ISTANBUL (Web Desk) : Many buildings in southern Türkiye tumbled to the ground as two major earthquakes shook the region on Feb. 6, while Gaziantep’s Zeugma Mosaic Museum, among the largest mosaic museums in the world, and Şanlıurfa’s Göbeklitepe, considered the zero-point of the history, were spared from damage, according to museum directors.
Zeugma Mosaic Museum Director Özgür Çomak told an Anadolu Agency (AA) correspondent, “No damage has been observed in the mosaics and the structures.”
Adding that the other museums in the city apart from the Zeugma Museum remained intact, Çomak said that Environment, Urbanization and Climate Change Ministry officials also examined the building’s structural columns, beams and other structural elements.
“No loss of life reported among our personnel as well,” Çomak added.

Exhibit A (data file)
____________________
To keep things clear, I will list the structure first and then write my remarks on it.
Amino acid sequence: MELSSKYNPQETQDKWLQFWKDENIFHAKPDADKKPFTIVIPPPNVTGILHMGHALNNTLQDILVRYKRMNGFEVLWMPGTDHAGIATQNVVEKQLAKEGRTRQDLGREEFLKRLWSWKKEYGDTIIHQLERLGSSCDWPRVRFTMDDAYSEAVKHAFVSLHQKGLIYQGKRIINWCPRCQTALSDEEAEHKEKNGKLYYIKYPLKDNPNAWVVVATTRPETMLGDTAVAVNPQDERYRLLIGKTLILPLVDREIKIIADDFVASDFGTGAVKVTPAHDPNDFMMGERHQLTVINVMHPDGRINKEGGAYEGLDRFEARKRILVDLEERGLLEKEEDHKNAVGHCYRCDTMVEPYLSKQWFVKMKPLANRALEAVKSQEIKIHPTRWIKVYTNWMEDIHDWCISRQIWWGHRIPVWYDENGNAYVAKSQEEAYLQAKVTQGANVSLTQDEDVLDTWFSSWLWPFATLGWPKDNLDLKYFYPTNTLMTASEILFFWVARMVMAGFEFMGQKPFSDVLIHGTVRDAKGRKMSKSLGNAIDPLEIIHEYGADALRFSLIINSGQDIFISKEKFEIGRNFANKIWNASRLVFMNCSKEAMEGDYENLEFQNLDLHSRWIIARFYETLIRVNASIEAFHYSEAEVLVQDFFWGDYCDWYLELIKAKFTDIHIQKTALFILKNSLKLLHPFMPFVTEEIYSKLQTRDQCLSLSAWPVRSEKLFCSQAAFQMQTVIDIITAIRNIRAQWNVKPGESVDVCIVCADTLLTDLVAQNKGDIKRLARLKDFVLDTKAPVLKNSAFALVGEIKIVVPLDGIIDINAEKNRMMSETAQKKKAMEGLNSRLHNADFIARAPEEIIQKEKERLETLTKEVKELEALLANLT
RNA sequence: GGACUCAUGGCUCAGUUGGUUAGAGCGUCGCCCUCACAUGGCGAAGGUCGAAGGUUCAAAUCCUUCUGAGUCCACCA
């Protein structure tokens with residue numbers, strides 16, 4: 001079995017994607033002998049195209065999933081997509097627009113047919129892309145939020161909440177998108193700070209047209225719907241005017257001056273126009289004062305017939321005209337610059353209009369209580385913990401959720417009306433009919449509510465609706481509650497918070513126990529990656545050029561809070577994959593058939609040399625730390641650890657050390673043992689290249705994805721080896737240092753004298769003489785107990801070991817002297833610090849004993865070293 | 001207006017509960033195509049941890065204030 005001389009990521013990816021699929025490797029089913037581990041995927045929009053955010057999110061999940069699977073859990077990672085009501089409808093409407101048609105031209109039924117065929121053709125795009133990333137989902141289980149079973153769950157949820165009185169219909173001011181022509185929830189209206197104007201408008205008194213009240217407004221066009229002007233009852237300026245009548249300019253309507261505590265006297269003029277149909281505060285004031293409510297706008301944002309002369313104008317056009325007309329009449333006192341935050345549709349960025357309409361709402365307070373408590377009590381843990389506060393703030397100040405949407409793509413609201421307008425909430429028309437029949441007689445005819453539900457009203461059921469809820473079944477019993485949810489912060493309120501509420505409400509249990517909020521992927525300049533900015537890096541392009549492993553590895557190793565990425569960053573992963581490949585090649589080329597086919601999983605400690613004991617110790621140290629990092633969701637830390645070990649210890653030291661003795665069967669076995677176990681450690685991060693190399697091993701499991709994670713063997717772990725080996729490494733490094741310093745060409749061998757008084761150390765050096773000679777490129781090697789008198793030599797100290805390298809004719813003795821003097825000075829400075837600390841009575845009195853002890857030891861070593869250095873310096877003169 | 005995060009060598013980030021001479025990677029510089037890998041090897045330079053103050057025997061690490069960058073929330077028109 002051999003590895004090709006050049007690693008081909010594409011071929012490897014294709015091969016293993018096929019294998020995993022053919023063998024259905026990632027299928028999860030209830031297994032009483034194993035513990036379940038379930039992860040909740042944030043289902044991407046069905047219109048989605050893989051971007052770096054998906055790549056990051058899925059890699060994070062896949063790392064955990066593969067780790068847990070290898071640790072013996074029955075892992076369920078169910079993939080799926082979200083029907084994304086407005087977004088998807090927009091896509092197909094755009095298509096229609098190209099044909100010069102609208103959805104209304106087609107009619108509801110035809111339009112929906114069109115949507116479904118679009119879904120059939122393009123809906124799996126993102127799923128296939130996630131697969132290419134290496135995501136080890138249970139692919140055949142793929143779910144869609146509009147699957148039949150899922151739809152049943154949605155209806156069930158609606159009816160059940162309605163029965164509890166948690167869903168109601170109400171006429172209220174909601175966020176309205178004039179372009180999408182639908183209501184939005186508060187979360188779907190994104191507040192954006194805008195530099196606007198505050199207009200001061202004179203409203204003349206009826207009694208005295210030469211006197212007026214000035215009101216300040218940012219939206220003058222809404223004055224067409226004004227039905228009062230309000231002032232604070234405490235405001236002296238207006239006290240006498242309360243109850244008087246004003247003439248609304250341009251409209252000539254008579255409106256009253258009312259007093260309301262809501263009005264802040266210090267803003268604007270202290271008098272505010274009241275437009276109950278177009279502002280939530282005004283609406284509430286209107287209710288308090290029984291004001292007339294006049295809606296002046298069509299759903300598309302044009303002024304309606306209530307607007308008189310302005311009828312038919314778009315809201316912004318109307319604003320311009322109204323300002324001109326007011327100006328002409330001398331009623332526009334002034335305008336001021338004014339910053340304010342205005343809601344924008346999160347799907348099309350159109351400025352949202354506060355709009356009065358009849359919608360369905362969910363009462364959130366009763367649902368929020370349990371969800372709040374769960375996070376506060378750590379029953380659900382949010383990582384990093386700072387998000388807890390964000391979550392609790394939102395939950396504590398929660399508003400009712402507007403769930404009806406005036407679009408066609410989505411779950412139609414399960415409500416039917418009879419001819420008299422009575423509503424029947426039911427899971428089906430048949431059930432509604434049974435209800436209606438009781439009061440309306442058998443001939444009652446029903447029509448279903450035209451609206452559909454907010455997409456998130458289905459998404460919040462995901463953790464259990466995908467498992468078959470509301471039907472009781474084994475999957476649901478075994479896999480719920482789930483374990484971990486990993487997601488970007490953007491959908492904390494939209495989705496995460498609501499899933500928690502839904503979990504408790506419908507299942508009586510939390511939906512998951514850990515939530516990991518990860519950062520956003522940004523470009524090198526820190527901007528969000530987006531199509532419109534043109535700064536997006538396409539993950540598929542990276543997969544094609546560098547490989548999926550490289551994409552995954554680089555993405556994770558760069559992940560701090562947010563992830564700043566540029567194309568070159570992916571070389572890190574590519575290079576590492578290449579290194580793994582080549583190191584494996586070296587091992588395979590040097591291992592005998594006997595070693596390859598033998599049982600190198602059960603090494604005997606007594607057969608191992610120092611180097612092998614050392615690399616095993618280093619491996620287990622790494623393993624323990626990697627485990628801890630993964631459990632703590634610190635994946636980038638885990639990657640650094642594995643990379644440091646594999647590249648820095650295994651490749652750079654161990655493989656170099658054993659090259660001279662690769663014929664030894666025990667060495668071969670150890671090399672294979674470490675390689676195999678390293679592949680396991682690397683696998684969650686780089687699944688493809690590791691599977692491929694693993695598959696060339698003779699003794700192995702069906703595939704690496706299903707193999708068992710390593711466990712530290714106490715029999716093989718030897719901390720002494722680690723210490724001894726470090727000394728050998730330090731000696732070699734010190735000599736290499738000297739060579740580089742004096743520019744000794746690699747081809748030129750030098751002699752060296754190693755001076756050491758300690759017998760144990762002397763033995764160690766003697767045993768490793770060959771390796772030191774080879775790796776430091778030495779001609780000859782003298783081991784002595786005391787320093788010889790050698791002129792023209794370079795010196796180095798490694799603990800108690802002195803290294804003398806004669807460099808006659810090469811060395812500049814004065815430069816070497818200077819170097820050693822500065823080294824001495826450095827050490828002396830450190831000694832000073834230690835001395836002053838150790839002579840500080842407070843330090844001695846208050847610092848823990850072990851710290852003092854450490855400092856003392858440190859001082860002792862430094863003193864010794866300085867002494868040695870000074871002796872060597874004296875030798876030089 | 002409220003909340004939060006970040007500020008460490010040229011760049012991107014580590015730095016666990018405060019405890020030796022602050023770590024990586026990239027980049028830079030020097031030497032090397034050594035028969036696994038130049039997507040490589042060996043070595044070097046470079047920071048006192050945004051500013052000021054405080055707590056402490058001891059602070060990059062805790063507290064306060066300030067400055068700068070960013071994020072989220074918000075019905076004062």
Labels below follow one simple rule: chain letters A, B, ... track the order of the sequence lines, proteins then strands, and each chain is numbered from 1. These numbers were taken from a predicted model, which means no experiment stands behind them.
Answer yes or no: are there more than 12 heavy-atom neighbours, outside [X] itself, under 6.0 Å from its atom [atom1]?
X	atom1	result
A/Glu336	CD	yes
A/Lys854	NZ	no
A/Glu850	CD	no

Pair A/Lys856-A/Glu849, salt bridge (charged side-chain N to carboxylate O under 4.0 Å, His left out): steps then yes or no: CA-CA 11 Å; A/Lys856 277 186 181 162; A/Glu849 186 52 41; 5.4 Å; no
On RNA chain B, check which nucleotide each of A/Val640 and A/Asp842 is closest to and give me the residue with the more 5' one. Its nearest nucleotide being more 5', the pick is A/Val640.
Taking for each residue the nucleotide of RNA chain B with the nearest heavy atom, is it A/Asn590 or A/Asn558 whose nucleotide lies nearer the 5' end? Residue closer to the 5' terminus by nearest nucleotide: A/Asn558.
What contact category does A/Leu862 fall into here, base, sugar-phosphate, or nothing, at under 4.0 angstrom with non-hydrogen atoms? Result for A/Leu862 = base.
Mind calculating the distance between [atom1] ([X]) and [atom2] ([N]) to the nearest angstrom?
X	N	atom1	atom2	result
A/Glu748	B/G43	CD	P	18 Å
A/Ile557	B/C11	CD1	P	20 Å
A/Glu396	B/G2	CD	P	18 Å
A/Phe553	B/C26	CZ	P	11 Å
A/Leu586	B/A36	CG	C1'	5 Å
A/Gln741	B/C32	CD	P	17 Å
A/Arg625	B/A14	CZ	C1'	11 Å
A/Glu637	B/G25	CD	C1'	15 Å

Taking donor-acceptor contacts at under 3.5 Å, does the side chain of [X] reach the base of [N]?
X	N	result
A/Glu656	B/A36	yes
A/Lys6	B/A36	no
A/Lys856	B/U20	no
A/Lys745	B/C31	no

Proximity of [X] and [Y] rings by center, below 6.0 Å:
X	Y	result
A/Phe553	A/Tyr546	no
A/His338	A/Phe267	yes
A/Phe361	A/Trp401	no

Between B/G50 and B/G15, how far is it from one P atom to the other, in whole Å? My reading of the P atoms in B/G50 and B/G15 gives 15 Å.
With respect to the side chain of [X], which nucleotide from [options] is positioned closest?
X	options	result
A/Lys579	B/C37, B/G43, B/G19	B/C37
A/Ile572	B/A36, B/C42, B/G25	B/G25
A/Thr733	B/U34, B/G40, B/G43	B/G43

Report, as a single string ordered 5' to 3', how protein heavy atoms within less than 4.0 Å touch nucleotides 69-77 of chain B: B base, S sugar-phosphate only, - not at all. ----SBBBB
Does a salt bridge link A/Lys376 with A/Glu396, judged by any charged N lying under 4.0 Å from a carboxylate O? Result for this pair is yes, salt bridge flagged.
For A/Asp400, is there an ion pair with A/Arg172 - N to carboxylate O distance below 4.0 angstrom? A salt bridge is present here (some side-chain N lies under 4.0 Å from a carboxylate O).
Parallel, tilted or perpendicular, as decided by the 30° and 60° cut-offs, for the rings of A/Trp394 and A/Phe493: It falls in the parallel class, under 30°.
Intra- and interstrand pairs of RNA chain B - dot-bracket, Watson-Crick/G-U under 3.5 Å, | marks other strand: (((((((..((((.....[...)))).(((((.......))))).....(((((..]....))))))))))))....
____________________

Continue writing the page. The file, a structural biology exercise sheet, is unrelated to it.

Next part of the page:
Another historical structure that was not damaged in the earthquake was Göbeklitepe, located in the Örencik Neighborhood of the Haliliye district of Şanlıurfa province.
Aydın Aslan, Şanlıurfa’s provincial culture and tourism director, said: “Göbeklitepe remains intact after the earthquakes. We were investigating if there was an angular shift in the T-shaped stones, yet we did not observe any changes in their locations.”
The 12,000-year-old Göbeklitepe, also included in the UNESCO World Cultural Heritage Permanent List, was checked both by aerial drones and expert teams.